This prohibition on reexamination is precisely why Google and its amici hope to emphasize the factual nature of fair use considerations and endeavor to straighten the historical line between England’s Lord Mansfield in Sayer, and America’s Justice Story, who became the judicial father of fair use when he presided over the case Folsom v. Marsh (1841). Citing Story in a subsequent case, Emerson v. Davies, amici for Google emphasize that Justice Story “described fair use as a ‘question of fact to come to a jury’ in 1845.”
But Professor Hughes asserts, quite reasonably, that Justice Story said nothing of the kind—at least not as a bright line rule that implicates a standard of review. Instead, Hughes elucidates:
Story is just quoting Mansfield in Sayer—and what Mansfield said in Sayer wasn’t specifically about fair use to begin with. Nowhere in Emerson v. Davies does Story say he himself believes that the test he set out in Folsom was a ‘question of fact to come to a jury.’
In fact, with respect to the standard of review, even if there were not a meaningful ideological divergence between England and the U.S., Hughes declares unequivocally:
Legal historians have yet to find any ruling or statement that a copyright infringement defendant in a court of equity had the right to remove the case to a court of law or to have any elements of the infringement action decided by a jury sitting in one of those courts of law.
Are Copyright Critics Begging for Uncertainty in Fair Use?
Finally, it should not go unnoticed that many of the same advocates for deference to the jury in Google v. Oracle share ideological kinship with some of copyright’s most ardent critics, who often write in papers, blogs, and social media comments that copyright is unjust because of its uncertainties. More specifically, asking for legal certainty in the software market is an explicitly stated goal by several of the amici who have filed on behalf of Google in this case. But it is hard to see this deference to the jury argument as anything other than a departure from that view, or as anything other than an argument of convenience in the moment. After all, if fair use considerations, already a complicated matter, are best left to juries without judicial review, it can only add uncertainty with implications for copyright law that go well beyond the short-term exigencies of software companies. Or as Hughes puts it:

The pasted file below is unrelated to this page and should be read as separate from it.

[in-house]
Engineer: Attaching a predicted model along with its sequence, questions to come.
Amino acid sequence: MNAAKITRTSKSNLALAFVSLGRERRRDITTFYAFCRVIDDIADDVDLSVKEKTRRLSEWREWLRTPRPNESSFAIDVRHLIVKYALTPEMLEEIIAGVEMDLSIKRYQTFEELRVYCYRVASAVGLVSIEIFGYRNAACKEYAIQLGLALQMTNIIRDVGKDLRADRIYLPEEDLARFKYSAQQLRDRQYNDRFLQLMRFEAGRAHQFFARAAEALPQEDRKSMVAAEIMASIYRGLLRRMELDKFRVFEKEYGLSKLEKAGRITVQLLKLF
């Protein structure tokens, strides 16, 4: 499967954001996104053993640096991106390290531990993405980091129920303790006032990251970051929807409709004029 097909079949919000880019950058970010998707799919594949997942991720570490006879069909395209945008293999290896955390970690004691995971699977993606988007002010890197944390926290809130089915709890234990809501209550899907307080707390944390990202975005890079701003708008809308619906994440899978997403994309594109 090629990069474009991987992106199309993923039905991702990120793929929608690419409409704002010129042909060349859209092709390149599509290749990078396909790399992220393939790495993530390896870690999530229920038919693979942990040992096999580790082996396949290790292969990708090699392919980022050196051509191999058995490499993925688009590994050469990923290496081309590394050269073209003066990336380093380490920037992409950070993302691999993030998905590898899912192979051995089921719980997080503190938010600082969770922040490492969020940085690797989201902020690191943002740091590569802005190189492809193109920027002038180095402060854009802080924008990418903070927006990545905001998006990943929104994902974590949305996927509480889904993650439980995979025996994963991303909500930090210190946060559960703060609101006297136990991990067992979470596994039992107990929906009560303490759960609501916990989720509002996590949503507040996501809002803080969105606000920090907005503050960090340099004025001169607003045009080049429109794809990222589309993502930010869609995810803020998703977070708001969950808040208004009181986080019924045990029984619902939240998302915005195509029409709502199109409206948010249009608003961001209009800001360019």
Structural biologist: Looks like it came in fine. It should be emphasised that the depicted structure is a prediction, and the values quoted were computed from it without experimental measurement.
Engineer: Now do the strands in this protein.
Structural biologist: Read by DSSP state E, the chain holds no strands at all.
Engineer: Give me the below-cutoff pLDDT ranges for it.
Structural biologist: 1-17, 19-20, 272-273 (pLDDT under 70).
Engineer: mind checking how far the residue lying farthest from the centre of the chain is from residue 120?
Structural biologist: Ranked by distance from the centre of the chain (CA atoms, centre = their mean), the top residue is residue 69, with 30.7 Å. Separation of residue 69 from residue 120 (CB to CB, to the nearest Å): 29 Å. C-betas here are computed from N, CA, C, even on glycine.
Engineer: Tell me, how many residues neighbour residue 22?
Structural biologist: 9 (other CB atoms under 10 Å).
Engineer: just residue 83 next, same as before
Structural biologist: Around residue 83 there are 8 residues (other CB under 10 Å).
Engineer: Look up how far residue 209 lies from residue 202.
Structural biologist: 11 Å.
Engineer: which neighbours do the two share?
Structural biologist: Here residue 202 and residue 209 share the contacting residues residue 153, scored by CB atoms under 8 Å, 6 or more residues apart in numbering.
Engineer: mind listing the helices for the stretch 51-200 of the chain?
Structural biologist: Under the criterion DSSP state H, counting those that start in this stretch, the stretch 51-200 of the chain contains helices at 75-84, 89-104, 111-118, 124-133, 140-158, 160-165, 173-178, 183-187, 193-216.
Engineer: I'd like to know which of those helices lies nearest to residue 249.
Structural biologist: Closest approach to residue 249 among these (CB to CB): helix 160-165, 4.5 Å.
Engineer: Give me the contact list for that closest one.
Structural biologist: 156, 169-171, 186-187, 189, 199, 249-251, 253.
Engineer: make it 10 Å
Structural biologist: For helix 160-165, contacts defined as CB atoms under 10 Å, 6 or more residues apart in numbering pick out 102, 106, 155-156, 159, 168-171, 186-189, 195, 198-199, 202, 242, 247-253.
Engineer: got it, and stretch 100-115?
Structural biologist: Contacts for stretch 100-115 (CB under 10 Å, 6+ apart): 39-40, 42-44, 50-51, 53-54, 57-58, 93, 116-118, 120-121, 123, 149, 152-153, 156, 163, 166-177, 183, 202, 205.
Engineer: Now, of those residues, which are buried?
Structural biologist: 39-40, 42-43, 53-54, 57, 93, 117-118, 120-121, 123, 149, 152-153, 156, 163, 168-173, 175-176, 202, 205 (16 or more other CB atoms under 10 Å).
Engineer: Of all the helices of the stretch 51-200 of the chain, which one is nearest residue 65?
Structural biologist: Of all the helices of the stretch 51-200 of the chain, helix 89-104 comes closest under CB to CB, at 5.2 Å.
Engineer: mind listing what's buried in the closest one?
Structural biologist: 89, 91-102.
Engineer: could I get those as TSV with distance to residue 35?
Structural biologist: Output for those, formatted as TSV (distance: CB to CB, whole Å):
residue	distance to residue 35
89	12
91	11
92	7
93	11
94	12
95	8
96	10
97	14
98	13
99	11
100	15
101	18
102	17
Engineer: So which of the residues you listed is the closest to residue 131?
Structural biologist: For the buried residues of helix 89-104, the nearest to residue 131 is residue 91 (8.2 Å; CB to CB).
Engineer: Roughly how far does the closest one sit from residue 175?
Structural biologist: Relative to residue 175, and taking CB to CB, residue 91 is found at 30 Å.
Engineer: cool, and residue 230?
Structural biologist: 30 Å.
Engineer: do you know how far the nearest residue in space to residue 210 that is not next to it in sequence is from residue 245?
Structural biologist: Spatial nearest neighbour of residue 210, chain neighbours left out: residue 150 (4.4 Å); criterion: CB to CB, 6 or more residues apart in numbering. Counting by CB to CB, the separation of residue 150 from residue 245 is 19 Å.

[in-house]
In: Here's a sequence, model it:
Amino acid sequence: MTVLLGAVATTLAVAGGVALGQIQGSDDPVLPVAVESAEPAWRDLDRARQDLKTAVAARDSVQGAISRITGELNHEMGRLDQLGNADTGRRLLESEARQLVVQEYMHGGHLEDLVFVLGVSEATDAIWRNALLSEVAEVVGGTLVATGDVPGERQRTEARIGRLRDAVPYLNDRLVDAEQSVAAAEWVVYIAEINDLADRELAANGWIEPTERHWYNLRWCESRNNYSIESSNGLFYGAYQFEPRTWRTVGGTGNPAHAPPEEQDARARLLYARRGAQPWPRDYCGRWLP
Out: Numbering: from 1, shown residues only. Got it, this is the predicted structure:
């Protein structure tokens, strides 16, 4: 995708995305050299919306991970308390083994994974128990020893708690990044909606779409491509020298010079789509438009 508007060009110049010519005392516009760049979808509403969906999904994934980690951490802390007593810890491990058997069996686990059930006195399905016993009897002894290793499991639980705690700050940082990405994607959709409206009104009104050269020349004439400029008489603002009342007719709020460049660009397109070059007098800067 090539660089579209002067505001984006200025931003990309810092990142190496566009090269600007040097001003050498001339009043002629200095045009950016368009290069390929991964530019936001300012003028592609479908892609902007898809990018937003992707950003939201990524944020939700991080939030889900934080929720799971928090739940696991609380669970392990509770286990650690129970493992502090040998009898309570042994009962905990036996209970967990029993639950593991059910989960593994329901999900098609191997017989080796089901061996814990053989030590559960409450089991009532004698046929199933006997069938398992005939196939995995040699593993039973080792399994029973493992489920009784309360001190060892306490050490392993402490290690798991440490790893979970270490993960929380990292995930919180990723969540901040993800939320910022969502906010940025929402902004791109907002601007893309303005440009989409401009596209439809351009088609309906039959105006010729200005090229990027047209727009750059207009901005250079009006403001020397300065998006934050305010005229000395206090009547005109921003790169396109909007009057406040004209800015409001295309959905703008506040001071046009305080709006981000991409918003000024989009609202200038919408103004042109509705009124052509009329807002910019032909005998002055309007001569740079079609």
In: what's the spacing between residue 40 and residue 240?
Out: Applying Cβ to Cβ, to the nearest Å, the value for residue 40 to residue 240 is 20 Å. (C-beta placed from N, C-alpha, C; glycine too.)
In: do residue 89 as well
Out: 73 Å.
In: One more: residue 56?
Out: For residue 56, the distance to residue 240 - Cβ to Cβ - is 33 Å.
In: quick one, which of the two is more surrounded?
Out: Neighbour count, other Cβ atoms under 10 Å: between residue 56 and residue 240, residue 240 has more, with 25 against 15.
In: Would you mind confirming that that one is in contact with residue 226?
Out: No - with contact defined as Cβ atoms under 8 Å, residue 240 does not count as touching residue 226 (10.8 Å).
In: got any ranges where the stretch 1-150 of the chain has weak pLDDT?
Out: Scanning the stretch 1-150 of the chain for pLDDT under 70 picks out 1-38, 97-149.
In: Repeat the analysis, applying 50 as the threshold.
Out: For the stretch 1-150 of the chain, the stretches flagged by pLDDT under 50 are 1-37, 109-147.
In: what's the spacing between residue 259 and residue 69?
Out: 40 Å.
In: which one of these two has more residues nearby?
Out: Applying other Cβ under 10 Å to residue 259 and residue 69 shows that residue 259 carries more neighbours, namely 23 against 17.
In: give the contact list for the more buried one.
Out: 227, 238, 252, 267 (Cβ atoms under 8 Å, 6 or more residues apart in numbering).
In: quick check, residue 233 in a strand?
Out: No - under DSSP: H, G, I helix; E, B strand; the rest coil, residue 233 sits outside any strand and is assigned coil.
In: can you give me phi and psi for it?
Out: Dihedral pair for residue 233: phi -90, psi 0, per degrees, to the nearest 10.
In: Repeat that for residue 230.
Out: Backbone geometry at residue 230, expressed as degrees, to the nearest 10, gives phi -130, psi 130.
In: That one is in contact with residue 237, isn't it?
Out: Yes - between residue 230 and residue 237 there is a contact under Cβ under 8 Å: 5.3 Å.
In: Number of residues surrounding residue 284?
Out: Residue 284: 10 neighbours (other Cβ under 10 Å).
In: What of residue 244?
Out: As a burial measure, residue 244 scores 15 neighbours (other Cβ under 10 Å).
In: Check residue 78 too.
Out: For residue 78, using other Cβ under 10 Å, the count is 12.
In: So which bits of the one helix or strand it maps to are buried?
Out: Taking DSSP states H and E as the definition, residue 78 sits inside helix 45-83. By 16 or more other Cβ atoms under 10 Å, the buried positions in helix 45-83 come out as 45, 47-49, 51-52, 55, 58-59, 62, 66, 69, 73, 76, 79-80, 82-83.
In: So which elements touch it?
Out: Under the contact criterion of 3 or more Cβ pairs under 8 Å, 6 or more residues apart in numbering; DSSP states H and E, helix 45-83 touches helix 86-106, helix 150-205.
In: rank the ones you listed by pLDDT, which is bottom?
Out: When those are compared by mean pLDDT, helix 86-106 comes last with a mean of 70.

… if one wants a fair use eco-system in which there are some areas of more objective ex ante rule-like norms exempting certain reasonably defined categories of behavior from copyright liability – if one believes (as Justice Kennedy clearly did) that much of the conduct exempted by § 107 fair use is “amenable to regulation by rule” — one is likely to prefer de novo review as a means to clarify what is and is fair use.
On a very broad level, Google’s letter argues that a jury “properly decides fair use because it is well suited, from both a practical and a policy perspective, to determine how a ‘reasonable’ party would assess the defendant’s conduct.” And right there is where I return to my personal musings on this question and find that this “reasonableness” standard (i.e. a jury’s gut feel) is inherently disconcerting. I have consistently seen users of works and owners of works reveal a general misunderstanding of fair use. So, I believe Oracle’s letter is more on the money when it states that “fair use does not ask what feels fair to an ordinary person.” Instead, it “applies judge-made factors codified in the Copyright Act and elucidated by additional legal rules developed in a vast body of fair use precedent.”
 An analysis of district court opinions between 1978-2005 found that “more than half of the opinions addressed a motion or cross-motion for summary judgment, and of these 121 opinions, 86% granted the motion or one of the cross-motions. This supports the conventional wisdom that courts regularly resolve fair use issues at the summary judgment stage.” Barton Beebe, An Empirical Study of U.S. Copyright Fair Use Opinions, 1978-2005, University of Pennsylvania Law Review, Vol. 156, No. 3.